But, to date, the vast majority of Coursera students haven’t been able to receive credit for their online classes or count them toward a degree.
If all goes according to plan, however, that could change in a matter of months because, on Tuesday, the startup announced that it was working with the American Council on Education (ACE) to evaluate credit equivalency for its courses.
“Ever since we launched Coursera, we’ve known that university degrees are important,” said Coursera co-founder and Stanford professor Andrew Ng. “We wanted a more systematic way for students to earn academic credit… This is just a step in that direction.”
Over the past few months, a few institutions, including the University of Helsinki and the University of Washington, have unilaterally announced that they would award credit for some Coursera courses. And, last month, the Palo Alto startup announced a licensing deal with Antioch College that would enable Antioch students to take some Coursera courses for college credit, at a cost that is less than the per-credit cost of traditional courses.
But the ACE evaluation could make Coursera offerings eligible for credit at potentially 2,000 U.S. colleges and universities, the company said. The evaluation process will start in early 2013 and, assuming ACE makes a positive recommendation on at least a few Coursera courses, Ng said they hope to announce the eligible courses in “a small number of months.” To earn credit, students will need to successfully complete the course, sit for an identity-verified, remote-proctored exam and pay a “modest” fee.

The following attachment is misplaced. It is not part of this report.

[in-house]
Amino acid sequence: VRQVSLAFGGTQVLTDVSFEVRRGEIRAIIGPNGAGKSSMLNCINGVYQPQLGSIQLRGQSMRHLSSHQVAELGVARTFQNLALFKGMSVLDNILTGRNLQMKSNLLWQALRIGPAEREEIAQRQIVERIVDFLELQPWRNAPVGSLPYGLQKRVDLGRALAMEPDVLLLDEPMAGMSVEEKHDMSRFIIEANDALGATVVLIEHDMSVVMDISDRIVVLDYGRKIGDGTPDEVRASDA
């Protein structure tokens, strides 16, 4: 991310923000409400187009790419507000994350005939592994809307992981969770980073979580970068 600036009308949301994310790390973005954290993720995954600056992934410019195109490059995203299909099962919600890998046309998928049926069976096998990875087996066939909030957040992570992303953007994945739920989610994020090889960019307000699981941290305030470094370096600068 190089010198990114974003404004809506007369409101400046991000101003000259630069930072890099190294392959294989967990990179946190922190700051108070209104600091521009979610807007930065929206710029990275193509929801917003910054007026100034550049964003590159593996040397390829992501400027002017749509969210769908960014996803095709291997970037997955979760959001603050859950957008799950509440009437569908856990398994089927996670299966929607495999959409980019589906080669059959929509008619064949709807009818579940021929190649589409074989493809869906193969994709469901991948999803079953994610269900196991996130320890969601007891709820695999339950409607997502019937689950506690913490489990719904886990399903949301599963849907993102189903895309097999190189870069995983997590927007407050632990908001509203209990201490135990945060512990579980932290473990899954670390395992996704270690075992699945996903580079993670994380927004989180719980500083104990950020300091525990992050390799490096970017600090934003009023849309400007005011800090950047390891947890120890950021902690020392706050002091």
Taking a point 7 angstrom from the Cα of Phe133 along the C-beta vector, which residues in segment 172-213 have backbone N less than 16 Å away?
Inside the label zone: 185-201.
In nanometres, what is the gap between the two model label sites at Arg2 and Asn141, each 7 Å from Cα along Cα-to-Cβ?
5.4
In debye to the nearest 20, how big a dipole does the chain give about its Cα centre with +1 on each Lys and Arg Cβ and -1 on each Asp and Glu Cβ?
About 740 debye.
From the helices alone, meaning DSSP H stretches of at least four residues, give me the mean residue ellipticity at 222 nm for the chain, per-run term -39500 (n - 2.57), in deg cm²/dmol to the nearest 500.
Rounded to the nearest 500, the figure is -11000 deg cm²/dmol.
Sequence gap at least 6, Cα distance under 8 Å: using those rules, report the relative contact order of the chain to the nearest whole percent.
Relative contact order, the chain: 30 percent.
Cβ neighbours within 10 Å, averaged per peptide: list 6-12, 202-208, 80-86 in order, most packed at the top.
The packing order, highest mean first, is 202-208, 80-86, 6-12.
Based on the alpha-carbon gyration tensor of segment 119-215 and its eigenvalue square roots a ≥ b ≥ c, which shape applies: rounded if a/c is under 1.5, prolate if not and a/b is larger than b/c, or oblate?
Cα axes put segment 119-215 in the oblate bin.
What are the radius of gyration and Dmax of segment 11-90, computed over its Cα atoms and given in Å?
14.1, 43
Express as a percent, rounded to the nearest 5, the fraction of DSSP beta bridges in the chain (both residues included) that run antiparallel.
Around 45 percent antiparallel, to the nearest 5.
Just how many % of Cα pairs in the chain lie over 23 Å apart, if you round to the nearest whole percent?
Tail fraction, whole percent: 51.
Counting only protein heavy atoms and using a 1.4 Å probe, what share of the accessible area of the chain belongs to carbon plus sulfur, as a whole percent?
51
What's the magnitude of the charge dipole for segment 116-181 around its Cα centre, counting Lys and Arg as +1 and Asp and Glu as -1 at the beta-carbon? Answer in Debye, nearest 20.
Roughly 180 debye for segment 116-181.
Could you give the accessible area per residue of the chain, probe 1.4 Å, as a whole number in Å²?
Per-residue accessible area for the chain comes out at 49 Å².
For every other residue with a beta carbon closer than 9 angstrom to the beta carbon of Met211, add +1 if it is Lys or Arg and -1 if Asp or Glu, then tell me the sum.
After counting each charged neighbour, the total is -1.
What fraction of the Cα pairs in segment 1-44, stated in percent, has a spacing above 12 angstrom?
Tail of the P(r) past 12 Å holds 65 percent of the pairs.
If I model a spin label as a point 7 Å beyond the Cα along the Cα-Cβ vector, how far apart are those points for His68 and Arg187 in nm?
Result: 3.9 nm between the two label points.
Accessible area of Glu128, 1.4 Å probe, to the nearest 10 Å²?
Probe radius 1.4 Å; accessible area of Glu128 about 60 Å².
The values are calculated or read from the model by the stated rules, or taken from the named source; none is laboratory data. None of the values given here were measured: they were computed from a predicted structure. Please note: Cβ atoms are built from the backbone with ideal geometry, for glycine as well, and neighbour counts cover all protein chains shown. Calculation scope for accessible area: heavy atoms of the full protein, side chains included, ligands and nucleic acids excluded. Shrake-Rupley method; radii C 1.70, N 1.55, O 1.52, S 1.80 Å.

Some of the concern and criticism surrounding Coursera and other startups offering MOOCs (or massive open online courses) – particularly on the part of higher education institutions threatened by a new regime — is that they could replace traditional colleges and universities. But Ng said that by offering credit-bearing classes, Coursera not only aims to give students more access to an affordable education but an on-ramp to a college degree. For higher ed institutions fearful of losing relevance amid the march of MOOCs, that’s likely a reassuring sentiment.
“We’re hoping that it will allow adults to take the first step to going back to school to earn that degree,” Ng said.